Morgan Dafydd is the founder of the wonderful Sôn am Lyfra website. He’s also a member of the judging panel for the Tir na n-Og Awards 2021 and he’s been talking to us about how he went from a reluctant to an avid reader.
I was raised on the outskirts of Conwy in north Wales. After spending five years as a primary school teacher in the area, I won a scholarship to do a PhD researching new ways of supporting and encouraging children to read and enjoy Welsh literature.
I wasn’t a big reader when I was young, even though Mam tried very hard to persuade me.
I’d never choose to read a novel as a child, but I did enjoy reading encyclopaedias and manuals – especially if they were about planes, boats and trains.
One book I remember reading regularly is Gwyddoniadur Mawr y Plant. I loved learning how things work, and I think that non-fiction books sparked my interest in the world around us.
When I was a teacher, I kept an eye on new children’s books so that I could recommendtitles to my pupils and choose class novels that would appeal to everyone. Most of my pupils didn’t speak Welsh at home and it was a frequent challenge to attract them to Welsh–language books, because they were so unfamiliar to the children and their families.
Since leaving teaching I have more time to keep an eye on new books, so I decided to share my knowledge and my honest opinion with parents and teachers and founded a reviews website, Sôn am Lyfra, with my partner Llio.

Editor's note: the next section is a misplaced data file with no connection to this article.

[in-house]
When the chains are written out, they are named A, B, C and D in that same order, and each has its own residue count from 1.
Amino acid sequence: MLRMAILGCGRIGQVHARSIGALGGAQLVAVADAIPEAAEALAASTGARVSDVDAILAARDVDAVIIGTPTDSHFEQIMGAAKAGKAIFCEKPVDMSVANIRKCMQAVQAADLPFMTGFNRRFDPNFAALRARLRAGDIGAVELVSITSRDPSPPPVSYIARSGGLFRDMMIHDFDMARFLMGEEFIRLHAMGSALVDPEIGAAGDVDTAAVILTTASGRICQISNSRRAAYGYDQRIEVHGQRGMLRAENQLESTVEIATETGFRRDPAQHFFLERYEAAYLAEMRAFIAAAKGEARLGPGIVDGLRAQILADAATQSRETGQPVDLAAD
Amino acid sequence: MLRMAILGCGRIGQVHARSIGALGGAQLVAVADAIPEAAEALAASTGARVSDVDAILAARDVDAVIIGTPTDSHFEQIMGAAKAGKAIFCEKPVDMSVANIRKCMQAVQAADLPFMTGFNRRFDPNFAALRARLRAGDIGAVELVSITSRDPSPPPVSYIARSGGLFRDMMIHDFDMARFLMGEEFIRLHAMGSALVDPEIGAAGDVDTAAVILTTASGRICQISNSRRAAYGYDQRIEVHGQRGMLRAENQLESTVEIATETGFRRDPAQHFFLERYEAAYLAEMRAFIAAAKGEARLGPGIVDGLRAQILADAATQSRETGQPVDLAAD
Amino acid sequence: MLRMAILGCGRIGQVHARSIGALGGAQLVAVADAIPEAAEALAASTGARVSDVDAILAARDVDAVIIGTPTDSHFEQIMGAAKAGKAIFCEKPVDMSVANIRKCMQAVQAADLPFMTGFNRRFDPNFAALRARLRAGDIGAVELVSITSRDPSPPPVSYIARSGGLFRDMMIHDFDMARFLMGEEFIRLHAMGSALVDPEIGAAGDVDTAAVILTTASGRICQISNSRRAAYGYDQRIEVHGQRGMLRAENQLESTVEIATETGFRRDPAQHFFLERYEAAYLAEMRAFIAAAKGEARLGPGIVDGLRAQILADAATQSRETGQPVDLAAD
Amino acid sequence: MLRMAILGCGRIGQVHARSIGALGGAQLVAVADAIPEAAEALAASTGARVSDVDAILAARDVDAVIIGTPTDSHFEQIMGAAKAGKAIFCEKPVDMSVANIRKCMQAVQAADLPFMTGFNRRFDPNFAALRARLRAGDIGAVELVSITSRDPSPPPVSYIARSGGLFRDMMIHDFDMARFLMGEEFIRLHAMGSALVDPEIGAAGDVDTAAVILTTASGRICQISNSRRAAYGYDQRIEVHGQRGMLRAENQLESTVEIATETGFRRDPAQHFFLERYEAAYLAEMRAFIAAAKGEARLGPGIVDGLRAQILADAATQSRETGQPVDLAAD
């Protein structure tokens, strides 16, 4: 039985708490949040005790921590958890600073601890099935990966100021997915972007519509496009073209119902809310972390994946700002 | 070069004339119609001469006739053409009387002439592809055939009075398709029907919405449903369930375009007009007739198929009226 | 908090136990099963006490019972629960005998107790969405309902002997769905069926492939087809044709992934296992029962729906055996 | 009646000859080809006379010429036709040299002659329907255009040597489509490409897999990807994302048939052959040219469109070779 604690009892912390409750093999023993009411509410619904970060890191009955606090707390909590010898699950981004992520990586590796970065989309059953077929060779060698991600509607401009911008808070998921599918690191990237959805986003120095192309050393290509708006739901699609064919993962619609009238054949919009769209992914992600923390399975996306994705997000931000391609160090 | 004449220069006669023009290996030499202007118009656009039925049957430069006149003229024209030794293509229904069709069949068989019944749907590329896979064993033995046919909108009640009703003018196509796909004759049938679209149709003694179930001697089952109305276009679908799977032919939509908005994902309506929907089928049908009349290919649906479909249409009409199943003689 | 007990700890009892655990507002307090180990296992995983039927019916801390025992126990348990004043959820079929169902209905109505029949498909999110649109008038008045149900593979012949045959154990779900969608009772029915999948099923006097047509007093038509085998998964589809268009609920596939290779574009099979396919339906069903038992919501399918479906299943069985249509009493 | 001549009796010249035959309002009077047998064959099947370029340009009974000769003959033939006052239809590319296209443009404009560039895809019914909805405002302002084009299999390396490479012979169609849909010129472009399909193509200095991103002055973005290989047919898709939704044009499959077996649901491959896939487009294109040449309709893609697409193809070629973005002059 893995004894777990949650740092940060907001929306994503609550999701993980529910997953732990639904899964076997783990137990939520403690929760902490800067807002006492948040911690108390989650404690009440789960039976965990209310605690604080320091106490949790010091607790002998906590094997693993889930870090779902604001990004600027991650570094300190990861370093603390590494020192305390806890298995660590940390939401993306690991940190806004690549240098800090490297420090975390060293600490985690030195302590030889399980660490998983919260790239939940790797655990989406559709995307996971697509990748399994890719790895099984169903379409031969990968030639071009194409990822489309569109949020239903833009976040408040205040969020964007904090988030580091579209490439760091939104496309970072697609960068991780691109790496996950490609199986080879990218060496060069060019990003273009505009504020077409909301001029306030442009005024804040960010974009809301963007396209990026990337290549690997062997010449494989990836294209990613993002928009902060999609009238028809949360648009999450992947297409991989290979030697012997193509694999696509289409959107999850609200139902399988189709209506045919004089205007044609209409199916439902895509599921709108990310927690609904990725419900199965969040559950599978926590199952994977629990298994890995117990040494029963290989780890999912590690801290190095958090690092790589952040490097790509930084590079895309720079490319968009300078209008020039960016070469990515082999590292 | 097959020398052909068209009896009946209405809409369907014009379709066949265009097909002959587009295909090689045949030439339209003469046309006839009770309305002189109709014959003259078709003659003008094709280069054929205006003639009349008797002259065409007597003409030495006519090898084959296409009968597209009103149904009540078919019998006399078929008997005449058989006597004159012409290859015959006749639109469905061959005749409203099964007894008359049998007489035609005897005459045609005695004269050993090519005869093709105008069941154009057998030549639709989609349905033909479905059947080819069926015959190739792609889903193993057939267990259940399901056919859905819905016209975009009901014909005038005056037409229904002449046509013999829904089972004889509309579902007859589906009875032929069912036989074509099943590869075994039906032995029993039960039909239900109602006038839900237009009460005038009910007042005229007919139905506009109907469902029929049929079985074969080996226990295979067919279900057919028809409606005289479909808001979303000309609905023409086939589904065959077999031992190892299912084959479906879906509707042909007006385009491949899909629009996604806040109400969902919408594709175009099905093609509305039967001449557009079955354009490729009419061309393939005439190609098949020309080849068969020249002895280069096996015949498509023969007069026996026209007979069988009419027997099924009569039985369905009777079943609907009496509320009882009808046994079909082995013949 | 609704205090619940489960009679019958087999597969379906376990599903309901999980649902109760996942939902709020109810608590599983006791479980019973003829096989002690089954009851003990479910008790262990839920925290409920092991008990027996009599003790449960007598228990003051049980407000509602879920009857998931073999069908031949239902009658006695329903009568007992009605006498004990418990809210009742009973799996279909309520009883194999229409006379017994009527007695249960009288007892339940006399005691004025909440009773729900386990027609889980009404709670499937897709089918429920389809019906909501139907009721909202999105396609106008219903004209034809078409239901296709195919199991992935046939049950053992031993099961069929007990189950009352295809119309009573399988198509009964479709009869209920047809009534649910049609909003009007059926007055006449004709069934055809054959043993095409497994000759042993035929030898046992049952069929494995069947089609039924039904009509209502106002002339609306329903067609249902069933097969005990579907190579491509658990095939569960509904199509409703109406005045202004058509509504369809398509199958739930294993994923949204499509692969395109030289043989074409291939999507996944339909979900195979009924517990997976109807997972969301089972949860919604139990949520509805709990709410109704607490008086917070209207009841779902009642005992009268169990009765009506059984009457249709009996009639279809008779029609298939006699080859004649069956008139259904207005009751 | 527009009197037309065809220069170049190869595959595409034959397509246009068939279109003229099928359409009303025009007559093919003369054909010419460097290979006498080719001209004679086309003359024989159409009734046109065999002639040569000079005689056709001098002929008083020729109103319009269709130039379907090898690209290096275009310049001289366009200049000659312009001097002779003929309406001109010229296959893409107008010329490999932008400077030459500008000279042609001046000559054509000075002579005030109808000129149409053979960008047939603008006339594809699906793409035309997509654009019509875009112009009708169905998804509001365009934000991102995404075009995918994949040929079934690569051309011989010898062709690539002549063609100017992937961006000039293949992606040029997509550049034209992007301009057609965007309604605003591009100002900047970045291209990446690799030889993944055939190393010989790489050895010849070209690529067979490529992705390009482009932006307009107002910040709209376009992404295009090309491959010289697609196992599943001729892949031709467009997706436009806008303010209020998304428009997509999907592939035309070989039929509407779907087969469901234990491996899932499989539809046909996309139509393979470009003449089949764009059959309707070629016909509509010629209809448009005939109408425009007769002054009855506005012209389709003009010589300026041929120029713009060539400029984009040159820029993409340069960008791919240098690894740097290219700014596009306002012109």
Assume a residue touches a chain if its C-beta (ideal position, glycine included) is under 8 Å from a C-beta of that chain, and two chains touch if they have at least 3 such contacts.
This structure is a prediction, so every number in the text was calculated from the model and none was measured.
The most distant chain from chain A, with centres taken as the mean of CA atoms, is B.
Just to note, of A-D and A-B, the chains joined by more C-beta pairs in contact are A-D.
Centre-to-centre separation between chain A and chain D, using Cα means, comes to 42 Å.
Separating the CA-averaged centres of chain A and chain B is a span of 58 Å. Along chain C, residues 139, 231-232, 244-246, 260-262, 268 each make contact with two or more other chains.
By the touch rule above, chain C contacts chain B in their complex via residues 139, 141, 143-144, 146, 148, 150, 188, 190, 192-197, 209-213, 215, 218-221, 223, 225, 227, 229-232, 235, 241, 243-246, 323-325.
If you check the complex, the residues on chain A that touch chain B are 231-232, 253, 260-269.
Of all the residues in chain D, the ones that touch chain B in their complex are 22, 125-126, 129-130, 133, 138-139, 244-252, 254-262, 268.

I review new and old Welsh books for children and young people, and I hope that this helps people choose suitable titles that they’ll enjoy reading. There are fantastic original Welsh books and adaptations being published and there’s a wealth of classics gathering dust on our shelves.
I feel like I missed out by not reading more when I was younger, and I’ve got a lot of catching up to do now. I’m enthralled by T. Llew Jones and Gareth F. Williams and I regret not reading them sooner … if only I’d given them a go when I was in school! But I think it’s very important that children and young people choose the right books for them to read for pleasure, and I’m glad that we’re seeing more diversity in Welsh literature because it’s so important for young readers.
Reading is so important in every part of life – I can’t emphasise that enough! It promotes creativity, feeds a healthy imagination, and offers transferable and useful skills for the world of work.
It really is an honour to be invited to be a judge for an award as important as this. The Tir na n-Og award offers excellent publicity to new Welsh books as well as raising awareness of Welsh children’s literature in general.